Funding Buy-Sell Agreements
A buy-sell agreement is a legal agreement that dictates what happens to a business when one of the owners dies, becomes disabled or retires from the business. These arrangements typically come in two main forms: entity purchase (sometimes referred to as stock redemption) and cross purchase. This article will focus on entity purchase. In this type of arrangement, the business is the owner and beneficiary of the policy and pays the premium. This is very similar in structure to a typical key person arrangement; the difference is that the death benefit in a buy-sell is used to purchase the shares from a deceased owner’s spouse or estate rather than using it to replace the loss of a key employee.
Term insurance may be used in a typical buy-sell arrangement. However, what happens in the more likely event that the business owner retires? The term premiums now have become a nondeductible, nonrecoverable expense. This contrasts with permanent coverage, where the cash value component can serve many needs in a buy-sell scenario in addition to only the death benefit.
Consider a situation in which one of the owners retires from the business. Obviously, there is no death benefit to fund the buy-sell at that point, but the policy itself could be transferred to the retiring owner. The FMV of the policy could then be used as a component of the buyout agreement and perhaps be used to jump-start an installment sale. If the business does not transfer the policy for any reason, it could, at the very least, surrender it for its cash value.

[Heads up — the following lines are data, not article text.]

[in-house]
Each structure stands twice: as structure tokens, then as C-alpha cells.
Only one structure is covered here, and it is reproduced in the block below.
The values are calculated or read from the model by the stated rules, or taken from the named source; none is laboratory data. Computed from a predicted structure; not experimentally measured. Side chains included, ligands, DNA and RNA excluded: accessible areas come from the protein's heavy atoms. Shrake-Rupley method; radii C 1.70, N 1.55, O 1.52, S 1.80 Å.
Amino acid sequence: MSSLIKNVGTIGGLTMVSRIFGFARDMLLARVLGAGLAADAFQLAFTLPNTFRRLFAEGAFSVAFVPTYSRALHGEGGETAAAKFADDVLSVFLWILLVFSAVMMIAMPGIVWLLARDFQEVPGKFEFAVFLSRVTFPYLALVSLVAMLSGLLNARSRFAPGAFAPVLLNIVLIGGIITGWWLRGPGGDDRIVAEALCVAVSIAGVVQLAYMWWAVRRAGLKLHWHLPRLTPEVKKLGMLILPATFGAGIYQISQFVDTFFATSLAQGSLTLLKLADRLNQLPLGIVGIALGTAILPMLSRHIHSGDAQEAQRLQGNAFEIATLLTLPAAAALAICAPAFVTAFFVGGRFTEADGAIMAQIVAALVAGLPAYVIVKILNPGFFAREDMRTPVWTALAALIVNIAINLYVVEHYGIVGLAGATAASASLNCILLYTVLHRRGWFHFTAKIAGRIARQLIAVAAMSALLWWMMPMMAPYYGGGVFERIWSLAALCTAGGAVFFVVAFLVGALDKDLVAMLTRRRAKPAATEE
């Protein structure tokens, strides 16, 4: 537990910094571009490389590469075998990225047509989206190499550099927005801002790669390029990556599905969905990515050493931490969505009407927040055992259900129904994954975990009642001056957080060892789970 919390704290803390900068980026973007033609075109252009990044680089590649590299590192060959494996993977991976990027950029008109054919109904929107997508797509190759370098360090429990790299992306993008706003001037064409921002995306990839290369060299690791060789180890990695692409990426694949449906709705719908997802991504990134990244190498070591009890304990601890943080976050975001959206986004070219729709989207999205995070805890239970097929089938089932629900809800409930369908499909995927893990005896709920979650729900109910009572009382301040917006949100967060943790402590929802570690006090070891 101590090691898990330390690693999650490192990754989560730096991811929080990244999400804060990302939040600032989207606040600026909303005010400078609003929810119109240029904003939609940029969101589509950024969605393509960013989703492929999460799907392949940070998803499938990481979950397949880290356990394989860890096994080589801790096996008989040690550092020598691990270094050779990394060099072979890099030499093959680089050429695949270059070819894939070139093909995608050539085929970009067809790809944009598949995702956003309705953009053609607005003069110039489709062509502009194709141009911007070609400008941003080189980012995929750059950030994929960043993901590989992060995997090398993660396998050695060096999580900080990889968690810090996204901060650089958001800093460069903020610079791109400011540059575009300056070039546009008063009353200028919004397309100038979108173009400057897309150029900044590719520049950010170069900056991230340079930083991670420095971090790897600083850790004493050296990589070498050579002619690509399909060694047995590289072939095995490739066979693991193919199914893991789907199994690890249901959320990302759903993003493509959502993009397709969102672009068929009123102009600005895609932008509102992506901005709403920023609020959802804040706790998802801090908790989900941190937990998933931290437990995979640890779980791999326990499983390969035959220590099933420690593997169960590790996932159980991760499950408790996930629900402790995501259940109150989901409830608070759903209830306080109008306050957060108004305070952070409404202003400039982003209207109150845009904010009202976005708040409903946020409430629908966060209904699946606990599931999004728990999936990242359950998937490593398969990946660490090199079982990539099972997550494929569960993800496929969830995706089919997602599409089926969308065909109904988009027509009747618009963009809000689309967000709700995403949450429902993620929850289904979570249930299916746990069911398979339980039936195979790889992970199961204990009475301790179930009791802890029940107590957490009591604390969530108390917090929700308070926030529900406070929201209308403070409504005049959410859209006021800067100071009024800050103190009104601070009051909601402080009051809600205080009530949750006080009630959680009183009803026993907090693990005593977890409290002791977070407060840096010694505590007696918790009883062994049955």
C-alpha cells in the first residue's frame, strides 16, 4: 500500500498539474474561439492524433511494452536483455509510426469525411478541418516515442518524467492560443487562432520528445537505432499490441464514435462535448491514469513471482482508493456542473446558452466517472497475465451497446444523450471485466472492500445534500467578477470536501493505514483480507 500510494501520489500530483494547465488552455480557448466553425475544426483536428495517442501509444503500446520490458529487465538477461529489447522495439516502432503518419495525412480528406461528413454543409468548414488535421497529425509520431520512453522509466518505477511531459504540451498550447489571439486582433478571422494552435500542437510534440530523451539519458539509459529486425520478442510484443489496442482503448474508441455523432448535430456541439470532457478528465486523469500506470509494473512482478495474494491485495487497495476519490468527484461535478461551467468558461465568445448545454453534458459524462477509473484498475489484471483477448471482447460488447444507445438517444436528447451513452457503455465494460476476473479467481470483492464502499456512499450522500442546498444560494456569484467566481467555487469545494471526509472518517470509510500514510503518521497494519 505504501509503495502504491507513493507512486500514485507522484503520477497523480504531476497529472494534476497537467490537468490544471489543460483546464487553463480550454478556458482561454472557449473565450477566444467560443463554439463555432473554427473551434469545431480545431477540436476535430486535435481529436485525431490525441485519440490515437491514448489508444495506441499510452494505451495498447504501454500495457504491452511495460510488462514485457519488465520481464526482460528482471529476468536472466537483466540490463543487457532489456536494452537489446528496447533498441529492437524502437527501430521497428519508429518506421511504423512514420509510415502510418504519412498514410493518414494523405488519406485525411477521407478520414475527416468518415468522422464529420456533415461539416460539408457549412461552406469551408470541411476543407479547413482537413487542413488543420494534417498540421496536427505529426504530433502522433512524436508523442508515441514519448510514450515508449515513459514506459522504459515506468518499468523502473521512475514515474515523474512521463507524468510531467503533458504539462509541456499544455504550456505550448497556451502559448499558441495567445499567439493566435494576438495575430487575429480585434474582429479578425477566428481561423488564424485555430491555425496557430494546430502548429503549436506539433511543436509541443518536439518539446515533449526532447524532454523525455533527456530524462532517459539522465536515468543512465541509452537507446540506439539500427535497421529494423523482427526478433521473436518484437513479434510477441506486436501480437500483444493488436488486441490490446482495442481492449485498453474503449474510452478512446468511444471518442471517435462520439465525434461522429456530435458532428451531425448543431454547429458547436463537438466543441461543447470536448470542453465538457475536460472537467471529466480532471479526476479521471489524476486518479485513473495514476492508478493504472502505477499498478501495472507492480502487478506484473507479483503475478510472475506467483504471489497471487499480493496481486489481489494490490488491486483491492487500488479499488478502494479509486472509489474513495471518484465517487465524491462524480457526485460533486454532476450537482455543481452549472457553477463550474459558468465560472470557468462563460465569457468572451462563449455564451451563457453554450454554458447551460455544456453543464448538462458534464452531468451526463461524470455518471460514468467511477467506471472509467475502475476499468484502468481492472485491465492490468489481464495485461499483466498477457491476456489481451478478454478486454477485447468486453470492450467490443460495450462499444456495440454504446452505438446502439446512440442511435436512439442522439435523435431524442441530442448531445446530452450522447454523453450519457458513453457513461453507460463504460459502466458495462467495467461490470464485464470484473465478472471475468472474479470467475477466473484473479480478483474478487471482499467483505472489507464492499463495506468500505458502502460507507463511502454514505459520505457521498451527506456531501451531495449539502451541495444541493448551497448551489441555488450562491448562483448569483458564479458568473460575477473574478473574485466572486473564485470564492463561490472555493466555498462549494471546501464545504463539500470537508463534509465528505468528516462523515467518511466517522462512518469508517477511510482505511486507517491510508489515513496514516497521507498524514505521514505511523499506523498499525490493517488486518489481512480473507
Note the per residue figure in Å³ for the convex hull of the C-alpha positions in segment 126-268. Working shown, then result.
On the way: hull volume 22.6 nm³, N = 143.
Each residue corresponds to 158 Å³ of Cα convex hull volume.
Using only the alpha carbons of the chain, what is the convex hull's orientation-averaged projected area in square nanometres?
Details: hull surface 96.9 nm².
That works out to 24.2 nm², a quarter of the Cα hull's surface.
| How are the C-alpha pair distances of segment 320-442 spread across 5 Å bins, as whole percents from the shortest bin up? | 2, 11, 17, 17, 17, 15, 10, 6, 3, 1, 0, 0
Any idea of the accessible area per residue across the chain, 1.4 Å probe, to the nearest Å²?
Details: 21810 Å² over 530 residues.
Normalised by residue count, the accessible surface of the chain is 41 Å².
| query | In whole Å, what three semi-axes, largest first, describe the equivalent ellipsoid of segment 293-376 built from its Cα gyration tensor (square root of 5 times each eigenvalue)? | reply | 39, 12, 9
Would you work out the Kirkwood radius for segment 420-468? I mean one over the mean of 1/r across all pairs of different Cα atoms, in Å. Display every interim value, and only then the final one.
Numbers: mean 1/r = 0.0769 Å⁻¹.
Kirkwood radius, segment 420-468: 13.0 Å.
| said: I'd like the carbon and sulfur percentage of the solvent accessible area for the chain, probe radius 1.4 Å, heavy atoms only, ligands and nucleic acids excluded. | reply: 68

Another issue to consider is the valuation of the business itself. If life insurance is the funding mechanism being used for the buy-sell, what happens if the value of the business changes over time? The death benefit on a term policy remains level throughout its duration so, in some cases, this may be insufficient to cover the buy-sell need as the business grows and prospers. One solution is to use a permanent life insurance policy that allows for an increasing death benefit, which includes the initial death benefit of the policy combined with the cash value component in any given year. Although this may not keep up with an increase in business value dollar for dollar, it will help the business owners get closer to where they need to be.
Term insurance can be an effective tool in business-related planning if the benefit is received at a desired time. However, this rarely ends up happening. Although term coverage requires less cash flow to fund than permanent life insurance does, permanent policies can provide many unique benefits to comprehensive planning for businesses. These benefits ultimately may cause permanent life insurance to be less costly in the long term.